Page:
My firm gets more calls about leaks around chimneys than about any other problem. And more often than not, the culprit is the flashing — the sheet metal that keeps the intersection between the chimney and roof watertight. When water gets behind faulty flashing, it can do a lot of damage to the roof sheathing and framing and to the ceiling below, so you need to deal with this problem immediately.
Proper flashing around a chimney includes two layers. The first is called step flashing: Sections of L-shaped sheet metal are woven into the shingle courses and lapped up the side of the chimney. Next comes the counterflashing: A second layer of metal is embedded in the chimney mortar joints and folded down to cover the top of the step flashing.
The corners are especially vulnerable. We cut and bend the metal around the corner. Even in a quality installation, this leaves one small spot that should be sealed with a high-quality urethane caulk. This caulk can work itself loose over time. If the flashing looks to be in good condition, recaulking should take care of the problem. However, caulk is not a substitute for properly overlapped flashing materials.
The type of metal used for flashing depends on where you live. Aluminum and galvanized steel are the usual choices in the South where I live. Copper is the longest-lived, but because it’s expensive, we see it only on high-end jobs here. Another advantage to copper is that the corners can be soldered for a watertight connection. In the Northeast, masons are partial to lead flashing, which is soft and easy to bend to shape. But no matter which material is used, it must be layered correctly if water is to be kept out.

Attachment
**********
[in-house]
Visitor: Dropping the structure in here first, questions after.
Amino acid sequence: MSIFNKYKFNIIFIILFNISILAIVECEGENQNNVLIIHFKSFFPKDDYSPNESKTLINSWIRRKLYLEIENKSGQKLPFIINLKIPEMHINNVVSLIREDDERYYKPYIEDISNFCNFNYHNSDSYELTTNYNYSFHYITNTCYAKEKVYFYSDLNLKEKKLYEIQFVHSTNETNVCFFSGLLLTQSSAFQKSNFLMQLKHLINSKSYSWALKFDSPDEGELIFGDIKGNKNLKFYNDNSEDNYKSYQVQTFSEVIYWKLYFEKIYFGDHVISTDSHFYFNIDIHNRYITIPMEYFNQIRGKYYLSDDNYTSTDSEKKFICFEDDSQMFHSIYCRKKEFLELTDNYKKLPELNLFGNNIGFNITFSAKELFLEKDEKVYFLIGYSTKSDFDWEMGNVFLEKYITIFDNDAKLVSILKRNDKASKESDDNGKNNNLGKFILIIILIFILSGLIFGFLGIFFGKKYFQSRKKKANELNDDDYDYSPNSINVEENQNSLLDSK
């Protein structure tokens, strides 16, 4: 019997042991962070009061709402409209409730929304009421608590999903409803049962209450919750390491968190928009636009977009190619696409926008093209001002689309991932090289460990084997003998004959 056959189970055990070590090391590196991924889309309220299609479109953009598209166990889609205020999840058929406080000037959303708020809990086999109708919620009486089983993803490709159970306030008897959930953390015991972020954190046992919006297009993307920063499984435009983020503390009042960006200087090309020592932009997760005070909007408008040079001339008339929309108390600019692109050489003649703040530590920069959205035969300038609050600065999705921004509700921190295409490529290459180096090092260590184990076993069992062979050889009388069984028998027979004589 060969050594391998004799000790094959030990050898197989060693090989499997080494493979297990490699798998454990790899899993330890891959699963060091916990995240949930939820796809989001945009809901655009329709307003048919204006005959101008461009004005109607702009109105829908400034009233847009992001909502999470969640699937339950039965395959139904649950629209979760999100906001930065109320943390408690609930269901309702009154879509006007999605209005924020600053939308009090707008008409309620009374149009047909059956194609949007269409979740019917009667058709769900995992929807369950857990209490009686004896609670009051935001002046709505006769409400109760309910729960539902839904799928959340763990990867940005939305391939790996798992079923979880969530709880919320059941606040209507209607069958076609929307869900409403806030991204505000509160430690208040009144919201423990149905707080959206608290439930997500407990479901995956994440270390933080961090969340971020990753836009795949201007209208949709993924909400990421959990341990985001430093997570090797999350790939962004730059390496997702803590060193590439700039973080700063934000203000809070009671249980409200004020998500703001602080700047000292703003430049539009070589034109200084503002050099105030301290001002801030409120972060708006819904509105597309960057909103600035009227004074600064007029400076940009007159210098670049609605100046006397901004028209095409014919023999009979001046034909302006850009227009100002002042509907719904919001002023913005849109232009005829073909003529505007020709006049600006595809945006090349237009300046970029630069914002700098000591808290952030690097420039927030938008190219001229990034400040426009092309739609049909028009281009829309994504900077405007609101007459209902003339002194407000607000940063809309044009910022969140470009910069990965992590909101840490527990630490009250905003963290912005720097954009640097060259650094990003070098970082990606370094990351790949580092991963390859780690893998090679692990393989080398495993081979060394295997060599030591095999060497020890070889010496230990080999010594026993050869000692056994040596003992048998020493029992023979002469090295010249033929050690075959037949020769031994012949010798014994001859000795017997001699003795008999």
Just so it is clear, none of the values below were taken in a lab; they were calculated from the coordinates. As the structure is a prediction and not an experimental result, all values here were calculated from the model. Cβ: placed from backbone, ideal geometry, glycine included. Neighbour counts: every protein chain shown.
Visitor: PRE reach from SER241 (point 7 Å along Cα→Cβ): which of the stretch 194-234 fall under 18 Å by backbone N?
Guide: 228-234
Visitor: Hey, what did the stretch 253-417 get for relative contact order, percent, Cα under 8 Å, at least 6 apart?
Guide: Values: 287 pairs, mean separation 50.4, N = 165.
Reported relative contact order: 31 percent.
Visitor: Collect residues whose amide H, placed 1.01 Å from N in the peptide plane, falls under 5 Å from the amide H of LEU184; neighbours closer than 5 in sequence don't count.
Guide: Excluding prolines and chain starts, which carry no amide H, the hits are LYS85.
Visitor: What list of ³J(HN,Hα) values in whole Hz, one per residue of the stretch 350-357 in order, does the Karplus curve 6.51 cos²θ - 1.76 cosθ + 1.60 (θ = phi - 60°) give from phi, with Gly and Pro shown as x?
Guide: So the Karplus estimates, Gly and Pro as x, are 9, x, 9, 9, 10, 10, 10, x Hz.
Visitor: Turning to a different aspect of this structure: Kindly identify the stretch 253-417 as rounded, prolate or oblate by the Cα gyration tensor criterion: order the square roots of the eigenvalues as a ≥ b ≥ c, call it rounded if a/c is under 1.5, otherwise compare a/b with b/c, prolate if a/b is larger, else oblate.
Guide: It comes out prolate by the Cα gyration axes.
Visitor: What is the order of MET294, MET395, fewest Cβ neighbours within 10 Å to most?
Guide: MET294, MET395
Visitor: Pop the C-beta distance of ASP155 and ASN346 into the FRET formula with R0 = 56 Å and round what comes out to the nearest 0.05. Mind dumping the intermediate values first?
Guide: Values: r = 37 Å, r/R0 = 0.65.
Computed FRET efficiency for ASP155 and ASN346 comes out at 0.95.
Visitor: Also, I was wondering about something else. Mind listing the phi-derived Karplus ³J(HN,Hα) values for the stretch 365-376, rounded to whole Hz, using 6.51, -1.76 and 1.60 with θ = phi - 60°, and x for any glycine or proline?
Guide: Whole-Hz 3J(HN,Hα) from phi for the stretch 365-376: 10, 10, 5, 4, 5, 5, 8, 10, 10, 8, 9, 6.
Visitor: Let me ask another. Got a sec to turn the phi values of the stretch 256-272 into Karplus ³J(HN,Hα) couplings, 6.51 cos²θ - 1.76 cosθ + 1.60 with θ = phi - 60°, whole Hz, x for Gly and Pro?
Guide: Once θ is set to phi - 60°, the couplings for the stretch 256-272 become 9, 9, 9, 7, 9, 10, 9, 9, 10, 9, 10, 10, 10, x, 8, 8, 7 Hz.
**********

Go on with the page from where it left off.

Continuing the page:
When the chimney is at the bottom of a roof slope, we always install a cricket, a small diversion roof that prevents water from pounding the up-roof part of the chimney. We frame and sheathe crickets just like the rest of the roof, and then completely cover them with a modified bitumen membrane, which is folded up under the chimney flashing. We install asphalt shingles over the membrane to blend the cricket with the rest of the roof.
Because chimneys are such a potential trouble spot, inspect them once every year or two for loose or missing flashing and cracks in the masonry. Small cracks can be sealed with caulk designed to repair masonry. I also recommend that my customers waterproof their brick chimneys every few years with a silicone-based sealer that can be applied with a garden sprayer. Not all builders agree, but this is a great way to keep water from seeping into the brick.
Can you show pictures of how to build a cricket or is there already a place to find one that shows it. Thanks
I don’t have anything readily available, but I did find this rather brief how to build a chimney cricket (scroll down to chimney section).
I have noticed water coming in around the chimney (the house is only 6yrs old), but I don,t want to use any products which will look unsightly. I have a (forest green)roof and if possible, I would like to know if there is any product which is transparent, or green which will help with the water leak. Thank You.
I had a new roof put on about two years ago. I noticed the last time it rained, it started dripping inside the chimney (between the rock facing in the house and the opening of the fireplace. Today it rained again and it is leaking down the front of the rockface. What could be causing this? How do I fix it?